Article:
The challenge revealed impressive numbers: a total 9201.8 nautical miles traveled along a route that stopped in 12 countries in Europe, Africa, and the Americas. The Ocean-to-Ocean RIB Adventure started at Palermo, Italy, on Dec. 15, 2021, and made several stops in Spain, Gibraltar, Cape Verde, French Guiana, Trinidad & Tobago, Curaçao, Colombia, Panama, Guatemala, Mexico, and United States. The trip took almost 519 hours and 32 minutes which included 152-hour non-stop jump across the Atlantic from Cape Verde to French Guiana with a fuel consumption average of around 3.5 liters per mile.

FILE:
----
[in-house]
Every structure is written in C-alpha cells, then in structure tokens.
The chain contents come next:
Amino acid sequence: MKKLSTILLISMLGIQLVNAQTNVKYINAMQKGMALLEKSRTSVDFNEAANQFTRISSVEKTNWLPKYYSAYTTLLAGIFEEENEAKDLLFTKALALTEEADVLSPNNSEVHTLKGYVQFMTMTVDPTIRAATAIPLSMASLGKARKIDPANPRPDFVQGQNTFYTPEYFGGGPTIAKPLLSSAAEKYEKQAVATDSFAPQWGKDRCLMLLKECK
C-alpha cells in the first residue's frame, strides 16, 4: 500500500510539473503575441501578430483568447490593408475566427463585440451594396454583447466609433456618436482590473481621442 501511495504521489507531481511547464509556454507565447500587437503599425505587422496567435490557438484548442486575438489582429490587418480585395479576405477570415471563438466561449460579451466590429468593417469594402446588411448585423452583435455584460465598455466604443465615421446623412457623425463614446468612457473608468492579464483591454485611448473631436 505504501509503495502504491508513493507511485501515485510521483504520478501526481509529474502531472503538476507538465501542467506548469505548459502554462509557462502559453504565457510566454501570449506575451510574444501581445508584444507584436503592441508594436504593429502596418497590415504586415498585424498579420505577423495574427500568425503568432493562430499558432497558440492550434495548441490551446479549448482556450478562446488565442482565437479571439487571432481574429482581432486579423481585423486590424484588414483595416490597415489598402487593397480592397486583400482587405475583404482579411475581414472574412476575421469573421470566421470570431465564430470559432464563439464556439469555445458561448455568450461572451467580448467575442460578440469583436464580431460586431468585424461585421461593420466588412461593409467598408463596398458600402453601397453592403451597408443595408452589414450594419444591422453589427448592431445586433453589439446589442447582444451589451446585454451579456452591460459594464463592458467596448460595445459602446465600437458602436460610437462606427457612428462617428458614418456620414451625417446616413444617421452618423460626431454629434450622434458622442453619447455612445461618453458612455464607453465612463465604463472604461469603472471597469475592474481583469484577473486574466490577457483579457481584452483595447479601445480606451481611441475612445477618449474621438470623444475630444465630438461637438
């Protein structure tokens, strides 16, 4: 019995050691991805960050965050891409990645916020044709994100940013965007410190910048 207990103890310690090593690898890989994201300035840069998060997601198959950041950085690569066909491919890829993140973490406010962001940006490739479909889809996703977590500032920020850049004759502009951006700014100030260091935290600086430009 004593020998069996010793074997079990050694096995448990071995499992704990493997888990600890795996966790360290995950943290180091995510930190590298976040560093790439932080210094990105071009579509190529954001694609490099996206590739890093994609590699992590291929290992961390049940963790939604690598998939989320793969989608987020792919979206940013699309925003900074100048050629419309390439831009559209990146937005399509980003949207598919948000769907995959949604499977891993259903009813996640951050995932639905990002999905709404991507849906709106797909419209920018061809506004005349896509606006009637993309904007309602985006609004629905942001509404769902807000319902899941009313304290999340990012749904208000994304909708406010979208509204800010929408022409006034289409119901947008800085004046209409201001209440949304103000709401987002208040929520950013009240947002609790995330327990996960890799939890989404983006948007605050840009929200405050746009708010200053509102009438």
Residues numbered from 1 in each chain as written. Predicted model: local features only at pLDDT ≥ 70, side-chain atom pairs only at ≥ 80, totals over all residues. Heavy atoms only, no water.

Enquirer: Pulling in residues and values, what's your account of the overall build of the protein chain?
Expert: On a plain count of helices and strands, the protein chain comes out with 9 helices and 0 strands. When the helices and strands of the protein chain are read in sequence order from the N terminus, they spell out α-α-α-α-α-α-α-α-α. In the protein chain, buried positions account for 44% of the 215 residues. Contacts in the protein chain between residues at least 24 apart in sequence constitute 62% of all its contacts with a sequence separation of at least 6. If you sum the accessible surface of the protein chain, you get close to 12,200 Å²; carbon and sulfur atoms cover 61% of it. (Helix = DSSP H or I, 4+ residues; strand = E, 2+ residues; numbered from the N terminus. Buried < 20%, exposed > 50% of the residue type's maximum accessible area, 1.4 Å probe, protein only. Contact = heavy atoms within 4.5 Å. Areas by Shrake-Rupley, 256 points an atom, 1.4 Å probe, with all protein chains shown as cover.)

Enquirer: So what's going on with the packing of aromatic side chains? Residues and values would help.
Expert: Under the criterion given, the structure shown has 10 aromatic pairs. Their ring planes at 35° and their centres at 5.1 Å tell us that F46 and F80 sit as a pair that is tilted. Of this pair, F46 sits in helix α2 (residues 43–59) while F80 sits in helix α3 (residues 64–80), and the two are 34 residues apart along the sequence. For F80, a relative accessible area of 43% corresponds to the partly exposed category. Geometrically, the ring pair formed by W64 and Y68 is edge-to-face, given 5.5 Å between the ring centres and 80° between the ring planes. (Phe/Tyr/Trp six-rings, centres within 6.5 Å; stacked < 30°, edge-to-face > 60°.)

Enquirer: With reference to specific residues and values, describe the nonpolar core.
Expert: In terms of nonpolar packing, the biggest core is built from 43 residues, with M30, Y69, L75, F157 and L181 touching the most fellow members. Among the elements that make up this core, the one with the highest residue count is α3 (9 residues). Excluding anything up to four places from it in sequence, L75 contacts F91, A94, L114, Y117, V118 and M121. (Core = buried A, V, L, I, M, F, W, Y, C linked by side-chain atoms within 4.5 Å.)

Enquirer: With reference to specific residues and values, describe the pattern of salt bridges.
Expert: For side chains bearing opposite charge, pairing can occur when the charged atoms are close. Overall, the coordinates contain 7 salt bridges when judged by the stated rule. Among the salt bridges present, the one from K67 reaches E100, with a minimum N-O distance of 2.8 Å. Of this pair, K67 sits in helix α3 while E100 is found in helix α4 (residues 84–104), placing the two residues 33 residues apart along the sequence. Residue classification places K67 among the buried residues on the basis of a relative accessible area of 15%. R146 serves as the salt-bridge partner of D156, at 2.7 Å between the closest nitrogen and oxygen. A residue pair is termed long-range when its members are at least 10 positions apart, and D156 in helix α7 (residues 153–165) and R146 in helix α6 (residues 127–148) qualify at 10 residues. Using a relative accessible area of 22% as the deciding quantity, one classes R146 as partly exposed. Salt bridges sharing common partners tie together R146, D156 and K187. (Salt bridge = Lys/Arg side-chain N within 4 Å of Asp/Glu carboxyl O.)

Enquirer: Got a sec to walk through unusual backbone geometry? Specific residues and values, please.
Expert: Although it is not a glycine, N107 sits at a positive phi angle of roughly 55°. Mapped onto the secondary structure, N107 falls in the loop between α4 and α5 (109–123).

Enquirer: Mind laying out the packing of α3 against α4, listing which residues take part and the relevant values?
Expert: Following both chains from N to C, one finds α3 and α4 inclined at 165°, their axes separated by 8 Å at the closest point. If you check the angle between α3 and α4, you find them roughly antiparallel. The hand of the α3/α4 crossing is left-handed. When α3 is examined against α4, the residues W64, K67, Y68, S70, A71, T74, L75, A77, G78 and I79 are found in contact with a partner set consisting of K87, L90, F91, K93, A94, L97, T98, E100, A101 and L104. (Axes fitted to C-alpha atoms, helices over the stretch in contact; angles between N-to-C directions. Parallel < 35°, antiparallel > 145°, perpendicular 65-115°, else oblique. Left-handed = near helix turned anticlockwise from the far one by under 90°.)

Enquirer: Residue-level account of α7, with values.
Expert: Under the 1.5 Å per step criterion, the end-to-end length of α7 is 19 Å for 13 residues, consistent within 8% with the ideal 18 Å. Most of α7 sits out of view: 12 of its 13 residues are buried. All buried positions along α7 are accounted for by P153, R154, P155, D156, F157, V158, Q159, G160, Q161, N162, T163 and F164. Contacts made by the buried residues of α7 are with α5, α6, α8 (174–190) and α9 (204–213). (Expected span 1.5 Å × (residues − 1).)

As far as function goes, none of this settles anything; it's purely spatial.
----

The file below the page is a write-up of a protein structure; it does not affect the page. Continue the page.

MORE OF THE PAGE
“I had in mind to reach the goal in about 100 days,” said Davì. “Instead, due to several problems and unforeseen events related not only to Covid but also to the marine conditions that were often too dangerous for sailing, especially in the last Mexican legs, it was not possible for me to hit the 100-day goal. However, these figures were rather indicative since I had always taken into account the possibility of being able to take longer. This is because it is completely useless to stress the boat and get excessively tired running the risk of not being able to reach the final destination due to any breakdowns or similar. It was not exactly a carefree and pleasant journey, however I tried to combine the hardness of the journey with the enjoyment of the landscapes and environments visited.”